Last Saturday, the Washington Post ran an excerpt from Bob Woodward’s book on the debt ceiling negotiations of summer 2011; and it contains some instructive reminders of President Obama’s recurrent fantasy: that he dwells in a region above the chafe and bustle of constitutional politics; that he lives for the endgame, husbanding his strength and parachuting in to clinch a victory. It did not work like that for health care—or, if you gauge the result from another angle, it worked at a cost in squandered authority so high that we are still counting.
Woodward has a telling quotation from Harry Reid’s chief of staff, David Krone, on the lack of forethought by the president in case the Republicans should reject his Grand Bargain.“The first rule that I’ve always been taught,” said Krone to Obama, “is to have a Plan B. And it is really disheartening that you, that this White House did not have a Plan B.” Though Woodward must be read with suspicion, his report is consistent with earlier accounts of Obama’s summer of denial: see for example the parallel story by Noam Scheiber in the New Republic. There was no plan B, either, on cap-and-trade, after the House passed the legislation but 60 votes were not there in the Senate. Obama let the issue fade. The same with the environment: two sentences about climate change in his speech accepting the nomination were his first mention of the issue in more than a year. Again, there was no Plan B against a strengthening of the insurgency in the Afghanistan war. A necessary war, and the less said about it, the better.
It looks very much as if Barack Obama has no Plan B for dealing with Iran. The tightening sanctions and the crowding of U.S. war ships into the Persian Gulf almost constitute a siege. In addressing the Israeli interest, some of it conveyed directly by Netanyahu and Barak, much of it by the Israel lobby, President Obama has placated again and again–though without twitching at the precise moment or in the precise way demanded by Israel. He has signaled that what they want concerning Iran is what he wants also. Has Obama then put off a war in the fall by committing us to war in the spring?
While the Israeli demands and American assurances were passing, Kenneth Waltz published an article in the July-August issue of Foreign Affairs, “Why Iran Should Get the Bomb”; and now, in a surprising interjection from a further establishment source, Bill Keller writes in the Times on September 10 that toleration of a nuclear Iran would be preferable to war. Keller asks the president to consider plan B: not to bomb and yet not to encourage Iran to acquire nuclear weapons, but to lift the sanctions, gradually, and improve trade relations in return for a regimen of closer inspections. Low enrichment of uranium would be allowed to continue for peaceful purposes.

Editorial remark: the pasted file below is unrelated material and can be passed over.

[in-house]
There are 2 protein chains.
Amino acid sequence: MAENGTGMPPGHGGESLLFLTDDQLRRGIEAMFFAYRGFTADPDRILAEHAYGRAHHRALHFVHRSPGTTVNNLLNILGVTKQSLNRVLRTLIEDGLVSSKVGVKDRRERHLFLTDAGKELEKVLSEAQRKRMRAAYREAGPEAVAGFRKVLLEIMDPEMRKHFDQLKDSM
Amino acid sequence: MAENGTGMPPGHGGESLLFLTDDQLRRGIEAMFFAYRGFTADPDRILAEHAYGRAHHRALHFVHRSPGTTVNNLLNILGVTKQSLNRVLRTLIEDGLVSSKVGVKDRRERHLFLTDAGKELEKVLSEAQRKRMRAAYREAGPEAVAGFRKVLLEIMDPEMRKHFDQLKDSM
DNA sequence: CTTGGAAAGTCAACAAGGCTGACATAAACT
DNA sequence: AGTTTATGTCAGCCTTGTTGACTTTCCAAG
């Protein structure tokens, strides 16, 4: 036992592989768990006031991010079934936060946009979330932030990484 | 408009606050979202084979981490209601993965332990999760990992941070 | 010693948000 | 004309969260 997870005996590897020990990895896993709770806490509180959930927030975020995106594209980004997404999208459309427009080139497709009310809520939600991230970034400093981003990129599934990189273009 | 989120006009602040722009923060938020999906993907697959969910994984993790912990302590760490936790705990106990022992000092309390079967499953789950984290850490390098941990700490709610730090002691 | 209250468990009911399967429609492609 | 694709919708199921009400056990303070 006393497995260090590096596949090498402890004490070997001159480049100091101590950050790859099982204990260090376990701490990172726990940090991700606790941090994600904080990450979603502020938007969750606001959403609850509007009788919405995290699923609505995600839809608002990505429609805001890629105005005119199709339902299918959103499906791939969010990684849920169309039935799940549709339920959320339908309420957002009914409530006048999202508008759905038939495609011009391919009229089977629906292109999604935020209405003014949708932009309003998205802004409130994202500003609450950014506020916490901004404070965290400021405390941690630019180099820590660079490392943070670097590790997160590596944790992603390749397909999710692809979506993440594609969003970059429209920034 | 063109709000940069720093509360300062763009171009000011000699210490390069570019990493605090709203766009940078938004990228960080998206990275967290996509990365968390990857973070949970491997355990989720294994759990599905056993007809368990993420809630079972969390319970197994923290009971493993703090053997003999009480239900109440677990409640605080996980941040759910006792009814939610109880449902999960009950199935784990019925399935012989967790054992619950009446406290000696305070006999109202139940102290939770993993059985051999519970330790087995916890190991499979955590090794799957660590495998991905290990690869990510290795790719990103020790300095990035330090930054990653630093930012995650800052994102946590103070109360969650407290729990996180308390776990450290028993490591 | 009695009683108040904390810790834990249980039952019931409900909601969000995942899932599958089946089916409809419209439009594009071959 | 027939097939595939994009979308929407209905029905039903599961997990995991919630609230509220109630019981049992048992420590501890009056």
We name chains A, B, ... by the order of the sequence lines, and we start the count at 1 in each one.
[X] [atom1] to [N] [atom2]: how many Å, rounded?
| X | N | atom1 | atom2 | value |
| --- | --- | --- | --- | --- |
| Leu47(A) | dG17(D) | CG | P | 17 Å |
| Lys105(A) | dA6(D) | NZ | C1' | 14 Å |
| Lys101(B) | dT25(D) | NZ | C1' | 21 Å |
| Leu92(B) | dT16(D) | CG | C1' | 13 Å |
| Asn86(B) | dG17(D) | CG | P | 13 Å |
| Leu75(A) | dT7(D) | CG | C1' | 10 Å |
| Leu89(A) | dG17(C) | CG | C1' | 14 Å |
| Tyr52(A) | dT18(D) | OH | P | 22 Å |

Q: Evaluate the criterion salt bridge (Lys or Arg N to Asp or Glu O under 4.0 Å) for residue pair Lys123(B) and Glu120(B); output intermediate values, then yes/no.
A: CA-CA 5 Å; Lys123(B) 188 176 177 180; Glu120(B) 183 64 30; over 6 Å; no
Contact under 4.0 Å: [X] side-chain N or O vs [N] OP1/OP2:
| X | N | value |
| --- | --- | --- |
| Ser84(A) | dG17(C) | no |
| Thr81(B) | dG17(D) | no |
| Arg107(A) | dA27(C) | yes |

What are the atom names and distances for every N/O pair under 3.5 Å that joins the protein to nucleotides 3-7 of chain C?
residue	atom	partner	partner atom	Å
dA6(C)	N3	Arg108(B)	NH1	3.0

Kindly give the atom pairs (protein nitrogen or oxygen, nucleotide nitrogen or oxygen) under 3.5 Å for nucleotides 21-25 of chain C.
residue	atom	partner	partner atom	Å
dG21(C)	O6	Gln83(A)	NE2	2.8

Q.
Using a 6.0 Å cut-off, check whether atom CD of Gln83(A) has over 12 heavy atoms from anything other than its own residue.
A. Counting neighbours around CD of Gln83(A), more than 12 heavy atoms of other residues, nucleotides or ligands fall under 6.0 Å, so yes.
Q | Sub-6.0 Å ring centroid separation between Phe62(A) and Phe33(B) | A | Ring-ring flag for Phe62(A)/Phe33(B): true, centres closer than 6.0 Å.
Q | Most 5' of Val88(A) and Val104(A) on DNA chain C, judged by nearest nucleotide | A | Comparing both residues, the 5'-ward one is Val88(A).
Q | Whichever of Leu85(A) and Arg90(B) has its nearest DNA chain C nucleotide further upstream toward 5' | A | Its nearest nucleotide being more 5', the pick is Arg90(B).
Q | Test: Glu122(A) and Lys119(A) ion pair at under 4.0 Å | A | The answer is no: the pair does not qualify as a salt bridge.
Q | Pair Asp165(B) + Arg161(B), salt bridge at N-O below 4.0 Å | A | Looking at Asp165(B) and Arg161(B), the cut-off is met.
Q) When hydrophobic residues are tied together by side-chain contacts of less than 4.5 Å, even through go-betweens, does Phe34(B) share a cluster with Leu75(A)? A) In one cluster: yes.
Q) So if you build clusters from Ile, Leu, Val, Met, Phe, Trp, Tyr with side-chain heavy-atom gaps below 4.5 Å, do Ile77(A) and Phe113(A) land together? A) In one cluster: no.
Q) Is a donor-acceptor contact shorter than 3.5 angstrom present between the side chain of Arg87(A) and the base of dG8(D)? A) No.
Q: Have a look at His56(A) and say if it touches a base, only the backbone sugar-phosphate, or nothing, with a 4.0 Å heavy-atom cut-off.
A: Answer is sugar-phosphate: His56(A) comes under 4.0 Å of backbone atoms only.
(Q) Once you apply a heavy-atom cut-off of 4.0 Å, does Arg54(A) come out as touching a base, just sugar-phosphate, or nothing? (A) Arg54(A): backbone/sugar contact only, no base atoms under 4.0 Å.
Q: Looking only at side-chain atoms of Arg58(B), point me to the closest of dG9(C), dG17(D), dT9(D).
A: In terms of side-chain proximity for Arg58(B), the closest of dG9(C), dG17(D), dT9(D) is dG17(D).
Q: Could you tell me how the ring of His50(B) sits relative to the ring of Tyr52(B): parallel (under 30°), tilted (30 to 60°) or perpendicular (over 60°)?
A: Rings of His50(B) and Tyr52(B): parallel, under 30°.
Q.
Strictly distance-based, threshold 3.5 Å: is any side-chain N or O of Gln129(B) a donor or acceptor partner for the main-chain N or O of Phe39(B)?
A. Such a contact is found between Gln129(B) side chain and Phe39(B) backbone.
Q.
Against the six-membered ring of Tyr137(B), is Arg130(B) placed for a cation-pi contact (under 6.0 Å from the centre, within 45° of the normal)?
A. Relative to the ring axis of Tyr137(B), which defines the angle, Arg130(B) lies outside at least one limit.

Yet Congress lags far behind the skepticism of opinions like these. It continues to subscribe with near unanimity to the war resolutions written for its members by AIPAC. We are at a moment when a president with an ounce of invention could move the consensus in this country, and legitimate a stance of containment rather than imminent war. The Israeli position itself constitutes a provocation to war, but every relevant American authority, from the secretary of defense to the chairman of the joint chiefs, has been saying to Netanyahu and Barak that the U.S. retains the right to form its own judgment.
The latest public disavowal was made on September 10 by Hillary Clinton. Interviewed on Bloomberg radio, she sounded an independent note, as if U.S. policy were not bound by an oath of obedience to Israel: “We’re not setting deadlines.” No deadlines and no “red lines,” in the phraseology concocted by Benjamin Netanyahu.
Her remark may indicate a salutary resistance to preventive war, but, if so, the posture will take stamina to maintain. For, on Iran in 2012, as on Afghanistan in 2009, Obama has trapped himself by misreading the tightness of an establishment consensus he did not like but did not care to contest. On Iran in 2012, as on Afghanistan in 2010, he has put himself on the record favoring a policy that presses toward more violence. It is amazing that in the three years since the failure of his short-winded negotiations with Iran in fall 2009 (not the “hands-on” negotiations he promised in 2008), this president has not worked so much as the length of one speech to try and build an alternative consensus for containment. The materials for such a consensus now exist outside Congress.
If you imagine an opportunity coming tomorrow for an end of the run-up to war, one fact still makes the prognosis less than optimistic. The president has done nothing to prepare the public mind for such a turn of policy. He would have to present the change, therefore, as a fait accompli. If a solution is being drafted in stealth even now, it is being depended on in the same magical way as in the summer of 2011. But war is worse than default. You cannot govern a country on a diet of Plan A and prayer; and supposing you do have in mind a better path, it is dangerous to wait for a moment of fair weather in domestic politics that may never come.